Hidden/Trick Doors-- love or hate? Clever or Pretentious? Never seen it?
- Kris in Beijing Apr 10, 2013 01:20 PM
What have you seen?
Did it add to the experience/ambiance of the restaurant?
Was it a trend that I missed?
Tell your story!
I have only encountered two places that had intentionally hidden entrances.
At the first, the door slid open to your front left ["10 o'clock" position] when someone passed closely enough to the mouth of a stone Chinese Dragon next to the walkway.
At the 2nd, you descended a flight of fairly steep stairs and were met with three rock walls. There were two tinted windows which showed the interior of the restaurant. Three pillars, each topped with a light, stood close to the wall you faced when you reached the bottom of the stairwell. Waving your hand over the lights caused the Entire Wall to the right to slide open. We went there multiple times, but never found an exact combination of hand waving.
I've only witnessed them at bars, and even then they were part of the schtick.
In Kansas City there is a prohibition-era styled cocktail bar named Manifesto that is in he basement and you can only enter it by either going to an unmarked door in the alley or through a narrow hallway through the back entrance of a restaurant on the first floor. When it first opened and word of mouth started generating about the place I thought it was rather pretentious. However, with time it bothered me less.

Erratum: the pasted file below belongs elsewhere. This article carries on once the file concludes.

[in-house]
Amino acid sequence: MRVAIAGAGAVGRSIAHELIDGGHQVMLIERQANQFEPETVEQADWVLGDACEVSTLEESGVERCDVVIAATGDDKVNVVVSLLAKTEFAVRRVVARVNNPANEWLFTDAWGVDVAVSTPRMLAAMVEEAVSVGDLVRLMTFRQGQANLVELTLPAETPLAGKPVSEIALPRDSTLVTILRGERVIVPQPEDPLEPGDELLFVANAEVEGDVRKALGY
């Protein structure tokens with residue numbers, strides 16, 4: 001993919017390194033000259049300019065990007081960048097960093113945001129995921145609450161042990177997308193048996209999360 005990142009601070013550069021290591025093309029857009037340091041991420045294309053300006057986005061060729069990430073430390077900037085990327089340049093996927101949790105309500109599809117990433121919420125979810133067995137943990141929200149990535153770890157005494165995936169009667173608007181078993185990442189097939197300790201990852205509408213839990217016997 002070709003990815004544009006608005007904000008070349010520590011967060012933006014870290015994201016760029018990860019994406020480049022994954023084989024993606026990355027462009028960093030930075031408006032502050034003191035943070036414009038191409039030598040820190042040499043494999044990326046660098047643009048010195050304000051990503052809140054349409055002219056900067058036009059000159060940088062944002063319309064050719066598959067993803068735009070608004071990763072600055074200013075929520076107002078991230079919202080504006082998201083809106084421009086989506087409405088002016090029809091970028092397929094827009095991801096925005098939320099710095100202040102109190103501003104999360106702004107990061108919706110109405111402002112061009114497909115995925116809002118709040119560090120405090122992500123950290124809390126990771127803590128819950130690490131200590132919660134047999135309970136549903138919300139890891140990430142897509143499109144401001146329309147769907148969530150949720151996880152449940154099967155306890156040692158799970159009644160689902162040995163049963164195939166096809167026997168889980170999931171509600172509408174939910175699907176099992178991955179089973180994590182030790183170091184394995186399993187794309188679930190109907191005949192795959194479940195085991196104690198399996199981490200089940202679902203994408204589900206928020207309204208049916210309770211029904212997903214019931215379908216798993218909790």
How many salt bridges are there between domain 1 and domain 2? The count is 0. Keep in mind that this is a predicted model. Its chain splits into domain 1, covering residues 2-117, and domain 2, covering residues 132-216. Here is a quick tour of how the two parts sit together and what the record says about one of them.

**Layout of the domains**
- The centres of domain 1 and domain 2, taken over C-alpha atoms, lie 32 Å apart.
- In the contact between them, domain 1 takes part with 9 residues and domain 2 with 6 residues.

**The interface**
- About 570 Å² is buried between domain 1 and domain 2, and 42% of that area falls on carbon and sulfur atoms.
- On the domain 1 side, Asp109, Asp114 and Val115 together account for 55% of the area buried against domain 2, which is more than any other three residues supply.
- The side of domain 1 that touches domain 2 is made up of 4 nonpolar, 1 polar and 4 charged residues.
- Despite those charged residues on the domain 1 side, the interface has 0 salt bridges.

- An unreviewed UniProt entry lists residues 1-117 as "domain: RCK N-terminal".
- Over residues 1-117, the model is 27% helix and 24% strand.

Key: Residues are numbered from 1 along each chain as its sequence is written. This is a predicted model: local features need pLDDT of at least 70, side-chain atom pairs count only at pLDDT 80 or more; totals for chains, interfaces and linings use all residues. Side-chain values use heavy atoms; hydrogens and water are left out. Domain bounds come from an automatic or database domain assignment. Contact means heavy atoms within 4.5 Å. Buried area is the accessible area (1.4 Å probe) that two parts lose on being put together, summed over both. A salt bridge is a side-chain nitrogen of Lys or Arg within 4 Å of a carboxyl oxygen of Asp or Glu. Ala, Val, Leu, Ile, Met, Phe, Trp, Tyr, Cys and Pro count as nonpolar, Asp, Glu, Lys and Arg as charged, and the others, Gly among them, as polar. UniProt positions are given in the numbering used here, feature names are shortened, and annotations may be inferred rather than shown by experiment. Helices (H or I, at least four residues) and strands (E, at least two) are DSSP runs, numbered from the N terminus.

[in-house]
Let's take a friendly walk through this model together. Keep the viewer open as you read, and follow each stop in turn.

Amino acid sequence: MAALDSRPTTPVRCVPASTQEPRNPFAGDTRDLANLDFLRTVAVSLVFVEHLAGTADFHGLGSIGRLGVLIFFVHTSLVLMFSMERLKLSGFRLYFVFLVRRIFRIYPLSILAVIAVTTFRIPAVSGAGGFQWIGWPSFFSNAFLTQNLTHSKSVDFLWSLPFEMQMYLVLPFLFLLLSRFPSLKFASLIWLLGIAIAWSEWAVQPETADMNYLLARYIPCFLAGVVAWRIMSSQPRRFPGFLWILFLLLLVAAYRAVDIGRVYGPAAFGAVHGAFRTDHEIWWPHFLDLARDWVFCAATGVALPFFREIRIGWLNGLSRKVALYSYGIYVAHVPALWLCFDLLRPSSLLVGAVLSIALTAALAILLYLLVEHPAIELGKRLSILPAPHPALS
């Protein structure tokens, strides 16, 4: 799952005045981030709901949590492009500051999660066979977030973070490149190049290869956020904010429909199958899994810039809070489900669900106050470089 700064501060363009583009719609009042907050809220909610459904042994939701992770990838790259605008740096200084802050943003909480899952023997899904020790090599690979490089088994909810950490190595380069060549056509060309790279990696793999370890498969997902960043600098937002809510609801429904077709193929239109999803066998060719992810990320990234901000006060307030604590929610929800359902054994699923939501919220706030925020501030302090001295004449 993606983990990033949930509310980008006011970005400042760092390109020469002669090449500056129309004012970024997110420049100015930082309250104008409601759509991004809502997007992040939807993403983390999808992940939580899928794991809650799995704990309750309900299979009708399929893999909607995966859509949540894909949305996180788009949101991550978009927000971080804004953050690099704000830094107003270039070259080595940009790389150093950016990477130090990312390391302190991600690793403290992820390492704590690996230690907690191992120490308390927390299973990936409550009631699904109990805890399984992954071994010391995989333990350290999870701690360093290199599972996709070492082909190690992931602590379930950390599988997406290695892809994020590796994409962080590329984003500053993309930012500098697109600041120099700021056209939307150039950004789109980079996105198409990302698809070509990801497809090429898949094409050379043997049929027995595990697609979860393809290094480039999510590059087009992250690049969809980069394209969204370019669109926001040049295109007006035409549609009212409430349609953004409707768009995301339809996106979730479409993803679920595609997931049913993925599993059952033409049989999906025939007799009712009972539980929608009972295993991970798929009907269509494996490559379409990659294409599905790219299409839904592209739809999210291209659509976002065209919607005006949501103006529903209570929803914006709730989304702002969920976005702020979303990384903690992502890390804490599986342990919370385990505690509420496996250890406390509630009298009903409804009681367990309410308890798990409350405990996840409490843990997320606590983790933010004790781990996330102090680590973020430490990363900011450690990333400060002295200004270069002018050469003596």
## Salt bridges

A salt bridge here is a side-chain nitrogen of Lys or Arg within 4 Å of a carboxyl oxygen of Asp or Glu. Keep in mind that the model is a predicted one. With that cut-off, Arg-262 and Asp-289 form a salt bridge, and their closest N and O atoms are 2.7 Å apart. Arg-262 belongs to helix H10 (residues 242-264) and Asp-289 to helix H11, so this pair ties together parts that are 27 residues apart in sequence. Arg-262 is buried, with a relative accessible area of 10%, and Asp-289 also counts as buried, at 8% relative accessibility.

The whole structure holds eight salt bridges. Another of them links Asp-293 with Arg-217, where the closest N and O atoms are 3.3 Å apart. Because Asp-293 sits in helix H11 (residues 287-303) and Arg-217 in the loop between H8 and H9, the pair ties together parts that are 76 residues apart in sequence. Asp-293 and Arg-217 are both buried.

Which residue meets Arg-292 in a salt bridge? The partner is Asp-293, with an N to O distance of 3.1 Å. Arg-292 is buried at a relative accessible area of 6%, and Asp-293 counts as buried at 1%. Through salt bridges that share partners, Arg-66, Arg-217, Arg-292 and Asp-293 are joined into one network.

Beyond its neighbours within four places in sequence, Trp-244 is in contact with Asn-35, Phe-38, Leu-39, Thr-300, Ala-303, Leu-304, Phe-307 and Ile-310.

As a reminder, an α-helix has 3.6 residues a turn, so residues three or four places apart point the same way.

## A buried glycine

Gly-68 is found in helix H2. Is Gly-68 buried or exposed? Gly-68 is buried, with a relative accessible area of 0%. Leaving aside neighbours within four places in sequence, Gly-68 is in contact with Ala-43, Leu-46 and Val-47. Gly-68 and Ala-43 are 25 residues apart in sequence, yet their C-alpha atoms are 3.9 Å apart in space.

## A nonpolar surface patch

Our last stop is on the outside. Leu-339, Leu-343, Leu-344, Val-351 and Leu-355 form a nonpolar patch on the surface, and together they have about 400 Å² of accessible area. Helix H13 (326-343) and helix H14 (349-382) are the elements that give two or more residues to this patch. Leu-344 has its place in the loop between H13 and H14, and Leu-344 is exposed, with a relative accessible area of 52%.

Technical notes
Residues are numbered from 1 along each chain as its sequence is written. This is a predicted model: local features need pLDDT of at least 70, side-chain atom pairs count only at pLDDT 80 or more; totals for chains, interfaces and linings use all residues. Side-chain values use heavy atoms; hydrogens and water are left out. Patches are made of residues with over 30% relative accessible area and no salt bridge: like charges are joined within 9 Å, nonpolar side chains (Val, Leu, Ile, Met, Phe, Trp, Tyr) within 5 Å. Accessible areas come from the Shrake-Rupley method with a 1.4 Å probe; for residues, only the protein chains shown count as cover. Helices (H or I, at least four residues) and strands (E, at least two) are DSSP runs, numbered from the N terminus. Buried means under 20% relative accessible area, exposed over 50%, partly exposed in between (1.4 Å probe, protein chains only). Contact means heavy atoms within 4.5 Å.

In Milwaukee I went to place called the International Spy Bar. To enter you had to go into a front entry room and then either provide a secret password or else perform some sort of amusing act (do a jig, etc). Upon appeasing the doorman a button was pushed and a secret door slid open and you entered. Inside the actual bar is a closed circuit TV that shows what is going on in the holding room where people who have already entered can laugh at you. I was in town for a conference and found the whole thing quite amusing the first evening. I took some other friends back a second night and found the whole thing incredibly lame.
I guess in general it's kind of a novelty, but nothing that really keeps me intrigued.
There's BBQ joint in Mesa, Arizona with hidden doors to the restrooms. The men have to open the door to a Pepsi vending machine and the women have to open a door in a telephone booth. The kids' response is "what's a telephone booth?" I told them that years ago people had to find a telephone and put coins into it to make a telephone call. Frequently the telephones were in a little booth to provide privacy for the person making the call and so they would not annoy the people that were around them. The response was "why would they need to do that?" (I still have not successfully explained long-distance calls.)
I don't recall ever going to one though I have read about a few restaurants that have them. Honestly, I just don't see the point. It seems like a gimmick and not that clever of one.
Now if it is a dinner theater that is participatory, then that would be different all together.